– – I most resent the word “varmint” when applied to foxes and other animals; it’s degrading and disrespectful, and dates back to a time when animals were treated unkindly as little better than things; sadly, some still hold this viewpoint.  Language is a curious and powerful thing, and the label that we apply to a living creature shapes how it is permissible to treat them.  As a tool of classification, language then also becomes a device of control.

Researchers from the Oxford Center for Animal Ethics along with the University of Illinois and Penn State University suggests that using such words as “varmints,” “critters,” and “beasts” to describe animals degrades the relationship that can exist between them and humans by contributing to a mindset of animals being trivial, unfeeling, and inconsequential.   Instead, a language should be cultivated that shows mutually respectful relationships between humans and the animals which live among them.  I’m fully on board with all of this…

…where we separate the sheep from the goats (so to speak) is in the beliefs of some animal rights academics that pets should be renamed “companions,” and that rats are just “free-living;”  pigeons are simply “free-roaming.”   While I do consider my co-habiting animals as companions, this is my personal choice, and I happen to be an animal myself (this is not necessarily a bad thing)!  When political correctness kicks in, however, it’s often time to take a holiday before things get silly and I’m expected to garb my animal companions in clothing, which they would hate anyways.

What can perhaps be taken away from all of this is the thought that words are powerful, not because an animal understands the nuances of language or cares what you call them but because words can influence how your mind works, with language choice subsequently affecting human behavior towards animals as well as countless other things.  If you doubt this, consider that psycholinguistics has been at the core of every successful political campaign for the last number of decades, with labels determining perceptions and serving as a substitute for independent critical thought for many…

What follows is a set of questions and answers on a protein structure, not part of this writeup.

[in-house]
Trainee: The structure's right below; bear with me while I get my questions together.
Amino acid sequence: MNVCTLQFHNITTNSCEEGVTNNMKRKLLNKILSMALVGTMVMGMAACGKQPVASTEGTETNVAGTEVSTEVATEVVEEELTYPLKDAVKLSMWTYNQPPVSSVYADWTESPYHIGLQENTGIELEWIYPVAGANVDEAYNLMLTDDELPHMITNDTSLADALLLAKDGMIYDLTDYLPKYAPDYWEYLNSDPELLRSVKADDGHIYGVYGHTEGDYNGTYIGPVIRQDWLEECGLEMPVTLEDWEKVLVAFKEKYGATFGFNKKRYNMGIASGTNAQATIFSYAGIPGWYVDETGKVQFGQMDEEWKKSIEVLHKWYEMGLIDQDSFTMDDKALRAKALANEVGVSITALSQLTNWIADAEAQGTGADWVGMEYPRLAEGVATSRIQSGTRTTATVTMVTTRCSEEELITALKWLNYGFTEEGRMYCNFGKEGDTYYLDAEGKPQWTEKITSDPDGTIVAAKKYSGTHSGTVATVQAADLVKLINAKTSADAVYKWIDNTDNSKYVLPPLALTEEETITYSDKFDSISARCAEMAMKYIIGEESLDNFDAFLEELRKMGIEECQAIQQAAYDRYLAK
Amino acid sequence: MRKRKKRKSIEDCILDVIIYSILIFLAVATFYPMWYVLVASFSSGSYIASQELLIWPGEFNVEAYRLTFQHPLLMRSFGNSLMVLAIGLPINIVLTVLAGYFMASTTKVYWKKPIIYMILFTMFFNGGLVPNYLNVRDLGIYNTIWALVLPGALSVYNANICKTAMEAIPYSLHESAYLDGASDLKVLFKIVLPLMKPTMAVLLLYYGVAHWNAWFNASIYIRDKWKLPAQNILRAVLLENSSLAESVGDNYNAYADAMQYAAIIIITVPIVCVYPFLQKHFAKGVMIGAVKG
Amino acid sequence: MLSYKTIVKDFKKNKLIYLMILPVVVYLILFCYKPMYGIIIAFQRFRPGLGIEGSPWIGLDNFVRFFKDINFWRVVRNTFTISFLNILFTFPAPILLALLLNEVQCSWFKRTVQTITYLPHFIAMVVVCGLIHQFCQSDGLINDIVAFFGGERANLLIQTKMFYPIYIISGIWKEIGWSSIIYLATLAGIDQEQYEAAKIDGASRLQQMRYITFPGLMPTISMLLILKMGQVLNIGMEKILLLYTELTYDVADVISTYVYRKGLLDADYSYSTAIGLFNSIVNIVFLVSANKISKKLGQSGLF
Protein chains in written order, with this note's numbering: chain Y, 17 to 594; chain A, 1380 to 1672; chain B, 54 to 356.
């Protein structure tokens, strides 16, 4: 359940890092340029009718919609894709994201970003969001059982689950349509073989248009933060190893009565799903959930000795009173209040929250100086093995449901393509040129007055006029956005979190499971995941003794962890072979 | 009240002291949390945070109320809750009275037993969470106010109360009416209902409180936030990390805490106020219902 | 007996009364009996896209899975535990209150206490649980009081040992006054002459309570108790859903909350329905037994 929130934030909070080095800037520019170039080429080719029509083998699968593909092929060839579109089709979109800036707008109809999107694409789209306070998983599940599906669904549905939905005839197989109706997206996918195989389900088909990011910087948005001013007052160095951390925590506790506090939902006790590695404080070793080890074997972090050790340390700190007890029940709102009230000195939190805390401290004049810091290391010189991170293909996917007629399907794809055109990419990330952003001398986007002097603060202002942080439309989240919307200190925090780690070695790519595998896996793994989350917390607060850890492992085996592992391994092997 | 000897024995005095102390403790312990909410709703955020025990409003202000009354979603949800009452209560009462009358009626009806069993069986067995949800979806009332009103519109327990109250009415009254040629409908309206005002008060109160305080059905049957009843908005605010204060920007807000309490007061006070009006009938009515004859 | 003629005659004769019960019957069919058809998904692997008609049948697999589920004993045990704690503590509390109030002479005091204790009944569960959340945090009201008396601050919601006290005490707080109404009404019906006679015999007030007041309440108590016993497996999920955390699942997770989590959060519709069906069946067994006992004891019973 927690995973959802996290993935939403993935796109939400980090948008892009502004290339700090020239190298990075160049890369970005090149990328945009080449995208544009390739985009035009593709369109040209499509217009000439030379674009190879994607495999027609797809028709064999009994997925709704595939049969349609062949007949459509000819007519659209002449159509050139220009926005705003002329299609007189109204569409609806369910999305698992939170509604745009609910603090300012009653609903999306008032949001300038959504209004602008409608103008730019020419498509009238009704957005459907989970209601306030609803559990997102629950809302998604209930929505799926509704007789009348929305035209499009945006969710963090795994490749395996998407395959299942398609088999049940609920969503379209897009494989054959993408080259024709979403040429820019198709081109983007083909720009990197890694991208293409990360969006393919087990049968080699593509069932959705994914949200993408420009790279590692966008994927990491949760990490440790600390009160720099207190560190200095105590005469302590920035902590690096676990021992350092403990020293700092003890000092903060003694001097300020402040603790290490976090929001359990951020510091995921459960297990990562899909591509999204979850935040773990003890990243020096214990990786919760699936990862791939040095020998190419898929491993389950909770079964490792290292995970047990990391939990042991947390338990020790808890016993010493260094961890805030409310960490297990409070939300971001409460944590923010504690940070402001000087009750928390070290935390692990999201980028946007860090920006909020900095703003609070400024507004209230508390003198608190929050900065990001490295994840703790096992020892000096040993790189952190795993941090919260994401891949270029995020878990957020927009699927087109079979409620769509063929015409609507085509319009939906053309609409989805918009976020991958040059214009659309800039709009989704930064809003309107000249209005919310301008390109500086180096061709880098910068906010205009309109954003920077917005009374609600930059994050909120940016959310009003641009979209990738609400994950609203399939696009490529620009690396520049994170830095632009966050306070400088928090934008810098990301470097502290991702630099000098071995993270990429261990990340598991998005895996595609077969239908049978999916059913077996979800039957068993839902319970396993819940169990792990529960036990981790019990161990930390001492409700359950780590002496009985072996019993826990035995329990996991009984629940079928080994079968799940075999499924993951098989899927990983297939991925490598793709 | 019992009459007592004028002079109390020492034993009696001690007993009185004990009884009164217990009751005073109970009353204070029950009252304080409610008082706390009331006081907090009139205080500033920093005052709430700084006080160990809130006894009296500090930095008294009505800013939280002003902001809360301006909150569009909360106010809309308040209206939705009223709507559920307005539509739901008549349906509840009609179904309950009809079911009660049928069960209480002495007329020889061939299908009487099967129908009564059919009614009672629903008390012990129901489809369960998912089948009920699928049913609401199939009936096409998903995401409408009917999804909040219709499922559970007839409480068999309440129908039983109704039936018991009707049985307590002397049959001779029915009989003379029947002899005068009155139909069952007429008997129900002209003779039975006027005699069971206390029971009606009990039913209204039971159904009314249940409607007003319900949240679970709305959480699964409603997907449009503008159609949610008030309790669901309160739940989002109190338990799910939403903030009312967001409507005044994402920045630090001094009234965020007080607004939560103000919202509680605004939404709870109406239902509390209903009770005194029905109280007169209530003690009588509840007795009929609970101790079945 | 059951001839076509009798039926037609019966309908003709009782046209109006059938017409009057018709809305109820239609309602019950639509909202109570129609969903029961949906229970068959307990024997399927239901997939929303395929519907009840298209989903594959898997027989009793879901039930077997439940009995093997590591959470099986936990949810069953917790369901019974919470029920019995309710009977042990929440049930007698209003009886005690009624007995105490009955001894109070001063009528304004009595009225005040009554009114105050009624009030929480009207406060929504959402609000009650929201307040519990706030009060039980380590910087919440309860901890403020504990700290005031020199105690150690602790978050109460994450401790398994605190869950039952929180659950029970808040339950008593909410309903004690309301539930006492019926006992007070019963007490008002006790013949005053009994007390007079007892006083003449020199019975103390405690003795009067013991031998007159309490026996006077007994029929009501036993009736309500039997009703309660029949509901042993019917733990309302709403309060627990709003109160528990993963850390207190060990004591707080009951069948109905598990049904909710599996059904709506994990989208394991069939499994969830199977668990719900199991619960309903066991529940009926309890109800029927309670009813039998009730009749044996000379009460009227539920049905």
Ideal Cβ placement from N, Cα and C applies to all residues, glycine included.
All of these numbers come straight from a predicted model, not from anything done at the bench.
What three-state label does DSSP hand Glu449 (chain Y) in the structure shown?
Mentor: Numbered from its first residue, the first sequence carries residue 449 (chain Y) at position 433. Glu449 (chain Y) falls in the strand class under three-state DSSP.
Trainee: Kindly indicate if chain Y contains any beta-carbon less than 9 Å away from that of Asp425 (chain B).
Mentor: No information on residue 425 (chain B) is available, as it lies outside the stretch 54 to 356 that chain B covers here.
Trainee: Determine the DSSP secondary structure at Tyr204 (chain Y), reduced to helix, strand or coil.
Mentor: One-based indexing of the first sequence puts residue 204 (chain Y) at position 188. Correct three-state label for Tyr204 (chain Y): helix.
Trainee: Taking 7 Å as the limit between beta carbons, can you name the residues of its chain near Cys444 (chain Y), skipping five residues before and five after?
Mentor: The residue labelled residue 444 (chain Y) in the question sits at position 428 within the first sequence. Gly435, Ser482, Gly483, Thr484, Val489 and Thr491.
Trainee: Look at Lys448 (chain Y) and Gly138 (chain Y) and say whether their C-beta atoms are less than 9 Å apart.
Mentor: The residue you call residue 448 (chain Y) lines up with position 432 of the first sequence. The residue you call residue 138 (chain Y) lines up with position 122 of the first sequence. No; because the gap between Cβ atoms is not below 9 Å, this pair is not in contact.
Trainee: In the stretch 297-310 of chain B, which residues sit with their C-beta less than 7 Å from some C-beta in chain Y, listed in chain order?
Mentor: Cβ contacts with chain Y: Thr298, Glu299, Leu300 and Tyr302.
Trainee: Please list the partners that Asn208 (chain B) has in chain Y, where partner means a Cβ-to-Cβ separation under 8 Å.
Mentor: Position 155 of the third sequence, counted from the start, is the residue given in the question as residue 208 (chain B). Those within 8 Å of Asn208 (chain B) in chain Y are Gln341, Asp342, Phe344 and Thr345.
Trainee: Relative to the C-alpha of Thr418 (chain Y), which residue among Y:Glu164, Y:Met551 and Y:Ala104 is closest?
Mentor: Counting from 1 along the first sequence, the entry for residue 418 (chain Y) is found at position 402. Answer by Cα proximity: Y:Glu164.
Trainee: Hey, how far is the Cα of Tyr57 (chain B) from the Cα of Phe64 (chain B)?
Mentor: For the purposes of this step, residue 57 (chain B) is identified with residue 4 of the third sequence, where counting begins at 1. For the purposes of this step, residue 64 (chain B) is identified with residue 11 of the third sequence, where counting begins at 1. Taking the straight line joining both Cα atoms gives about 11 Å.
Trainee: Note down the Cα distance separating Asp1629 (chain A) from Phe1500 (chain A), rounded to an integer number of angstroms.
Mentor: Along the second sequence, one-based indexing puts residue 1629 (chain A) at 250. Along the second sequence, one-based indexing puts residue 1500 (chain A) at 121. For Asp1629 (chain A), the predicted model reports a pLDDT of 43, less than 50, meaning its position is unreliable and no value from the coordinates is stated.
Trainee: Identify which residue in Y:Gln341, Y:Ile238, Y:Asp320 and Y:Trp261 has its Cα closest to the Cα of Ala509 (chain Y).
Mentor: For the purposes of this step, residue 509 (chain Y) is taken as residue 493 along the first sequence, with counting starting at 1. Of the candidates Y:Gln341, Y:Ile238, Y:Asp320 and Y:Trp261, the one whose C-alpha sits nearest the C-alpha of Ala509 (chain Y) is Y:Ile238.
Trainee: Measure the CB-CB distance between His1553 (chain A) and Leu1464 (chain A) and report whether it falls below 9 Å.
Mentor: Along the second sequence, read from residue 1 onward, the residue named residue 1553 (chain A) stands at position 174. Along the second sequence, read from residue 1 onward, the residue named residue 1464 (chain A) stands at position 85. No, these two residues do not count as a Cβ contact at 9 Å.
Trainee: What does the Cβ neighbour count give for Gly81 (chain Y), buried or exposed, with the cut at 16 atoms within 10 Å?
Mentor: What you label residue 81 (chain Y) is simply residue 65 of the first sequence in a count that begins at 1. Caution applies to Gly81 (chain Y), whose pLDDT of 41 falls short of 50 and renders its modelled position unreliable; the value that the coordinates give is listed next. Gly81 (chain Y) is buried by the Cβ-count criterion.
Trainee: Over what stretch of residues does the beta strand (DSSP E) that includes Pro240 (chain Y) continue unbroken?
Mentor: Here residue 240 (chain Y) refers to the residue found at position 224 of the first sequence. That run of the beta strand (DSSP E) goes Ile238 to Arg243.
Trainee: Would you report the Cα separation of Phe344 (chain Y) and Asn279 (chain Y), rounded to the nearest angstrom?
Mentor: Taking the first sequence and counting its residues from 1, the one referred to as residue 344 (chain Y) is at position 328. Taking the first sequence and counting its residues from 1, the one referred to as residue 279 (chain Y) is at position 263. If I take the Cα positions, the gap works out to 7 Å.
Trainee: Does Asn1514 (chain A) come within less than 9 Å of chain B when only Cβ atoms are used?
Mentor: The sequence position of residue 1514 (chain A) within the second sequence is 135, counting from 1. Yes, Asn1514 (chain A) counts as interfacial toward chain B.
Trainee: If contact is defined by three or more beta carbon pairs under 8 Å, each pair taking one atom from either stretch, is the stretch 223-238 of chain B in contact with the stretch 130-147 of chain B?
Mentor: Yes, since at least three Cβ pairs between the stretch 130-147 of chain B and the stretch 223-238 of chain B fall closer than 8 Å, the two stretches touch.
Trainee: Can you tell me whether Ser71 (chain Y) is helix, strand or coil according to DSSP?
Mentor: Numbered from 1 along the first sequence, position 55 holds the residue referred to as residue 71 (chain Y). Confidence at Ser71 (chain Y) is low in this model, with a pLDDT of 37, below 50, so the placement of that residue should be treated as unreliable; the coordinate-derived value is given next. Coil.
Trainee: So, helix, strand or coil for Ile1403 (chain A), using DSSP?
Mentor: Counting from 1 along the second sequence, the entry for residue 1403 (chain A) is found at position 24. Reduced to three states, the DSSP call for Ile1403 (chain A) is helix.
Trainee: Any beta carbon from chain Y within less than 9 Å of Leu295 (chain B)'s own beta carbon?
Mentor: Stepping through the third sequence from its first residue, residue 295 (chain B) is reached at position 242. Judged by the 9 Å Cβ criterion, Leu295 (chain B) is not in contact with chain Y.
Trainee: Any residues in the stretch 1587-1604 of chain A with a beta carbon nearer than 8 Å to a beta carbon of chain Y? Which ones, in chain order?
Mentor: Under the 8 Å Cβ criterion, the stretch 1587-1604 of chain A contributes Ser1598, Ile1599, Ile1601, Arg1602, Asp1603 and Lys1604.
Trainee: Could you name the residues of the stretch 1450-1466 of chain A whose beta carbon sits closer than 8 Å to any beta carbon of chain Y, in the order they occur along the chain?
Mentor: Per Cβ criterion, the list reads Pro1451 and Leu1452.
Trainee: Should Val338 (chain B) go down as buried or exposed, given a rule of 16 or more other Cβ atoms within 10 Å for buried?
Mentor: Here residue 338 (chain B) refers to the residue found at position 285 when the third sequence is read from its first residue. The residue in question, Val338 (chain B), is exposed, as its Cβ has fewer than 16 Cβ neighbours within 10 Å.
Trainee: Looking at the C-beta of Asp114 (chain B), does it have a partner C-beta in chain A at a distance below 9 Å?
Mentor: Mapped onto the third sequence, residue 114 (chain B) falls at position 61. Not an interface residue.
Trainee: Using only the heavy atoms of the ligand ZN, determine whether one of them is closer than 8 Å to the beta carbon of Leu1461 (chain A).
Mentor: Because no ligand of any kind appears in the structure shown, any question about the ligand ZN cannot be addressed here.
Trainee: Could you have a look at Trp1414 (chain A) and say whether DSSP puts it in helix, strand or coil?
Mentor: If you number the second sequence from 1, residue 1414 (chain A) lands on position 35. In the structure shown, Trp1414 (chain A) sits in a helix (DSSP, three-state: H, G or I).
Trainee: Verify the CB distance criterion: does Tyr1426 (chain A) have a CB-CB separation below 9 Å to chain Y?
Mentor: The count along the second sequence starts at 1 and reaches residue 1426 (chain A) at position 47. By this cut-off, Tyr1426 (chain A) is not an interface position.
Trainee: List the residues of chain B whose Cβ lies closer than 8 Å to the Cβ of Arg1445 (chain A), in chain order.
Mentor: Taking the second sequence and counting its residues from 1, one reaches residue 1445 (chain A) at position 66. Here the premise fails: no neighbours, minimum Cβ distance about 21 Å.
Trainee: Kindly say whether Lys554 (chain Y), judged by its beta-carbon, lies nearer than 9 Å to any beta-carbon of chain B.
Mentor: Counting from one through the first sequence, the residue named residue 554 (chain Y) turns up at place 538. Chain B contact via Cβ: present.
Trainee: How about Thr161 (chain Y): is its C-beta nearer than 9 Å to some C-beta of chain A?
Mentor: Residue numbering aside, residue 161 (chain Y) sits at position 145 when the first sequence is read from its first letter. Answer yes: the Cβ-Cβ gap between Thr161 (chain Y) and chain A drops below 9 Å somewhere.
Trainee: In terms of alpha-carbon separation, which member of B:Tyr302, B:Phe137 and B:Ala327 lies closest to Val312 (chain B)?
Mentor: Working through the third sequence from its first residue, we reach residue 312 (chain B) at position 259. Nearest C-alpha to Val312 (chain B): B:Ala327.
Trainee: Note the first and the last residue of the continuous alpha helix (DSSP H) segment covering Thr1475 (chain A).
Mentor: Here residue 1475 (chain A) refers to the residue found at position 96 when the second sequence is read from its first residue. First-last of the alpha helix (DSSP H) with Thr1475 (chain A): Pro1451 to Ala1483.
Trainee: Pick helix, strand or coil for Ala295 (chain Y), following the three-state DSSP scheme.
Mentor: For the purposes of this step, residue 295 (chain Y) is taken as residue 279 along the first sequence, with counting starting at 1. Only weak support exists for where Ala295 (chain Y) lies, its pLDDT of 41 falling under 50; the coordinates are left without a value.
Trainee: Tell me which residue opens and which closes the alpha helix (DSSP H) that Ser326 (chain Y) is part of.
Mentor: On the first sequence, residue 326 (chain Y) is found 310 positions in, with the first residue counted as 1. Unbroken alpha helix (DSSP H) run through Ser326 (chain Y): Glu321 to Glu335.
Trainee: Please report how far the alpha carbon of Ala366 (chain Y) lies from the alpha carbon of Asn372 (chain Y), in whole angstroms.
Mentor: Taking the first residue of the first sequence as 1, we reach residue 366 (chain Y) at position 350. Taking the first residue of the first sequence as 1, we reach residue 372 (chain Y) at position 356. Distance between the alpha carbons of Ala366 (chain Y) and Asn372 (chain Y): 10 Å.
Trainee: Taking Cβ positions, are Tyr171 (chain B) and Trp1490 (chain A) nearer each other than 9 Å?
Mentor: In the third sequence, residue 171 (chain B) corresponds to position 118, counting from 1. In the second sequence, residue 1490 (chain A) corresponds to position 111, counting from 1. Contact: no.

Points To Ponder…

December 3, 2010

– – It’s  deer hunting season again in Pennsylvania.  A  thought on the subject:

“Whether hunting is right or wrong, a spiritual experience, or an outlet for the killer instinct, one thing it is not is a sport.  Sport is when individuals or teams compete against each other under equal circumstances to determine who is better at a given game or endeavor.  Hunting will be a sport when deer, bears, elk, and ducks are endowed with human intelligence and given 12-gauge shotguns.  Bet we’d see a lot fewer drunk yahoos (live ones, anyway) in the woods if that happened.” — R. Lerner

‘scuse me…I gotta go help even the odds out there a bit…




Furry Face Paint

July 21, 2010

– – An animal rights protester with his face painted as a tiger protested the exhibition of animals in zoos during a demonstration in Mexico City this past Saturday…a reminder that make-up can provide a simple and cost-effective alternative to the fursuit while providing considerably more freedom to the wearer…